multifamily building


Innovations in 1-to-4-unit Multifamily Developments

Last month, we co-hosted with the National Housing Conference a forum on promising strategies for neighborhood revitalization in Detroit. The daylong event brought together a small group of high-performing nonprofits […]

Photo by 'GO TO 2040,' via flickr, CC BY-NC-SA 2.0

multifamily building

Last month, we co-hosted with the National Housing Conference a forum on promising strategies for neighborhood revitalization in Detroit.

The daylong event brought together a small group of high-performing nonprofits from Detroit and across the United States to share innovative redevelopment models and brainstorm how best to apply them given the city’s unique strengths and challenges. You can read all about it on Ethan Handleman’s February 10th column on NHC’s blog.

The day was jam-packed with great content, but the session that stood out most for me was the panel on developing 1-to-4-unit buildings in heavily blighted communities. Small multifamily projects–in particular the 1-to-4-unit buildings–continue to vex community development practitioners. They are often owned by “mom and pop” landlords, are notoriously difficult to manage at scale, and may require an amount of rehab that makes them cost-prohibitive for nonprofit developers aiming to maintain affordability.

During the panel discussion, Michael Braverman of Baltimore Housing, Jack Markowski of Community Investment Corporation, Robert Rose of Chicago Community Loan Fund, and Tayani Suma of Atlanta Neighborhood Development Partnership came together to share their experiences developing these types of small, 1-to-4-unit properties. It was so helpful to hear the strategies of the leaders in the field and to consider how innovations in one city may be transferable to another.

Here are a few key takeaways that I heard:
1. Code enforcement can be an effective tool for dealing with abandoned properties. The disposition of vacant and abandoned properties to responsible owners and developers frequently involves a lengthy process through municipal courts. A simpler, faster alternative can be the use of code violations and enforcement. For example, the City of Baltimore–which struggles with a large stock of abandoned properties and significant population loss–operates the “Vacants to Value” initiative to quickly and economically promote the redevelopment of vacant and abandoned properties. Under the program, the City can file for receivership on vacant properties, effectively firing the negligent property owner and transferring ownership to a prequalified bidder prepared to rehabilitate the property. The City has also streamlined the code enforcement process as a way to force some properties to rehabilitation though administrative citations, without ever going to court. The initiative is succeeding in connecting vacant properties with scores of competent developers with local knowledge, and is one of the tools enabling the City of Baltimore to successfully dispose of vacant and abandoned properties more quickly and with greater effect than some other municipalities, according to Braverman.

2. Partnerships with small local developers and “mom and pop” landlords are critical, as they frequently understand markets on a neighborhood level, have a good sense for a community’s needs and wants, and have robust relationships with key local players. Consequently, they are uniquely positioned to provide quality, affordable housing that makes sense for individual neighborhoods. Municipalities in which a large number of units are owned by these sorts of landlords should identify ways to communicate effectively and consistently. They should also find ways to connect smaller developers to the small landlords who may benefit from their partnership. Neither small developers nor landlords have the same breadth and depth of resources as their larger counterparts and could benefit from support from the city.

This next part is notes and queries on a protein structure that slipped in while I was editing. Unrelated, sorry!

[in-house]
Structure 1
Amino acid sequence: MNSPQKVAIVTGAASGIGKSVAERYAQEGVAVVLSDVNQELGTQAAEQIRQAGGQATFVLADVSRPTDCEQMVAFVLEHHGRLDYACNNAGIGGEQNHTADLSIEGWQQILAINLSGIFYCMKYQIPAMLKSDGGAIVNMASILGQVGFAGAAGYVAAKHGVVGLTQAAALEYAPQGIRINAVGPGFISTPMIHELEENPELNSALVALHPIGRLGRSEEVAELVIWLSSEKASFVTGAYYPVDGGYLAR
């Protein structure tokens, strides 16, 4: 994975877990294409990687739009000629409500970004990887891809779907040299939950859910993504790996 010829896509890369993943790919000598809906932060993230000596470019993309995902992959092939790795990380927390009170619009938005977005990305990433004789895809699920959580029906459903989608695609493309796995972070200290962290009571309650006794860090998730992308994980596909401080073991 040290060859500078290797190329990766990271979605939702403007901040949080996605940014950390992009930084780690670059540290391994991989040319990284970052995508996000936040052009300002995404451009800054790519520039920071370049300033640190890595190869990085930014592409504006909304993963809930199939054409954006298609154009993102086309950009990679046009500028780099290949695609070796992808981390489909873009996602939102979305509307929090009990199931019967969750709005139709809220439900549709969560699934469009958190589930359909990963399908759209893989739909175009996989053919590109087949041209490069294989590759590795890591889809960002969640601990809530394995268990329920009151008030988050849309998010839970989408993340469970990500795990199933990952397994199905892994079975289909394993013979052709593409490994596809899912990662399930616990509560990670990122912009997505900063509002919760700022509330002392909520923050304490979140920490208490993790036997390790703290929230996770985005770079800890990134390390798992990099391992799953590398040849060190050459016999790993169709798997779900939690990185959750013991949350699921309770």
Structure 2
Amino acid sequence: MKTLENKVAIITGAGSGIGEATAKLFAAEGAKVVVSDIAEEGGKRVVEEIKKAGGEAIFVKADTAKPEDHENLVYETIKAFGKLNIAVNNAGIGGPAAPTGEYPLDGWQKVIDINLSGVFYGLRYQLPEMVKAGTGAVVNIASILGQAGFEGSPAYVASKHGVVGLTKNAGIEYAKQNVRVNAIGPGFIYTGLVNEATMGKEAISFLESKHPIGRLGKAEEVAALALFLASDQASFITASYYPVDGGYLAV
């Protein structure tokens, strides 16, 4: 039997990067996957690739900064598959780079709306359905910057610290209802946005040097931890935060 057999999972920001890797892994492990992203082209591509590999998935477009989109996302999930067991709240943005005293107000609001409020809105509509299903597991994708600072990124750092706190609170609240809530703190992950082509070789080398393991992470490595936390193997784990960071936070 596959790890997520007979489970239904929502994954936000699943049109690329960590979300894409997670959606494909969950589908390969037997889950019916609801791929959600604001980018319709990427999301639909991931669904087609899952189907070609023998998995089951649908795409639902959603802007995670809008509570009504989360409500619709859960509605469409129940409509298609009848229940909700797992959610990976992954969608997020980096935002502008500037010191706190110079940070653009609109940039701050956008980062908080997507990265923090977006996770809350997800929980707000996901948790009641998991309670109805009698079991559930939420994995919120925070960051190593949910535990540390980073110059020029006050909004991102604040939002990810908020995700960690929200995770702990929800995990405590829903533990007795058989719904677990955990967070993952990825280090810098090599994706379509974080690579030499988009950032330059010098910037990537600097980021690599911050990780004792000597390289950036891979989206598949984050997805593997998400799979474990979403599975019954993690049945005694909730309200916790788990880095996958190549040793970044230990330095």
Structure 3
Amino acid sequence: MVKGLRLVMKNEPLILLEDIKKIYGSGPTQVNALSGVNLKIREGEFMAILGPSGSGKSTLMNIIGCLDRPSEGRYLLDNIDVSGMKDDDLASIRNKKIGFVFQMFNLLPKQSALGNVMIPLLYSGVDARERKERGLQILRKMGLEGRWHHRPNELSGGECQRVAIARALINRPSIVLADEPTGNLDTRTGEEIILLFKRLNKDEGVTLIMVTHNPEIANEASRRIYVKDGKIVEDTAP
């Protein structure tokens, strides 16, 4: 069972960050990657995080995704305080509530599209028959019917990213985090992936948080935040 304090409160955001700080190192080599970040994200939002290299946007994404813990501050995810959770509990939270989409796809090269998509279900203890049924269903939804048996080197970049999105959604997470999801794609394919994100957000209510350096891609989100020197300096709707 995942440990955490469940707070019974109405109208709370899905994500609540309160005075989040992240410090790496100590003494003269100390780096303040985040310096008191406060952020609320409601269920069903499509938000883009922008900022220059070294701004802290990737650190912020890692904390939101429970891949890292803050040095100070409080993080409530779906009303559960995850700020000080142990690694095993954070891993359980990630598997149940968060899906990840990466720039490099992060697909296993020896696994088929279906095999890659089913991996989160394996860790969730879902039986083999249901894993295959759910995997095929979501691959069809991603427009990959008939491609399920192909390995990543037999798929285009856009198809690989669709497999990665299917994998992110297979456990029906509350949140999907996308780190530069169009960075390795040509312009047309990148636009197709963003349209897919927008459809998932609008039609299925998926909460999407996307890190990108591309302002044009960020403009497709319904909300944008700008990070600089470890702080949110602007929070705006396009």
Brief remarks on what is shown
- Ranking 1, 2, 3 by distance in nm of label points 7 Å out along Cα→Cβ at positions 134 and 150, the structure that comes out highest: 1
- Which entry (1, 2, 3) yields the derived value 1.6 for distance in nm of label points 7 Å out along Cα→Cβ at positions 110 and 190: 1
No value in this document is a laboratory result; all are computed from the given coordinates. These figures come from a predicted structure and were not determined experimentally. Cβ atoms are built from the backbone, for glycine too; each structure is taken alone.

3. Consider valuation in terms of projected cash flow. One of the major obstacles to developing 1-to-4-unit buildings in heavily blighted communities is a lack of profit. A developer invests significant funds to rehab a property only to discover that the new building’s market resale value is still too low to turn a profit. One recommendation for combating this problem is to value the property not based on the land and physical structure, as is traditionally done, but rather in terms of projected cash flow over time from anticipated rental income. That way revenue dictates the value of the building, rather than an appraisal.

4. Balance policy preferences for homeownership with the demand in the neighborhoods. Ultimately, neighborhoods need a mix of housing stock available to buyers and renters. Policies that overemphasize one over the other–homeownership or multi-family rental–may be missing important opportunities to effectively combat blight and disinvestment. For example, the City of Chicago wants to encourage homeownership in target neighborhoods, but has struggled to find buyers due to the combination of low property appraisals and a customer population still reeling from foreclosures. In response, the Community Investment Corporation and the Chicago Community Loan Fund are in conversations with the City to recruit good, reliable landlords to rehab and maintain 1-to-4-unit properties until the neighborhood stabilizes and buyers return. Doing so creates a flexible strategy that accounts for the importance of timing in real estate developments and avoids the more traditional, more inflexible model that forces a choice between rental and homeownership strategies.

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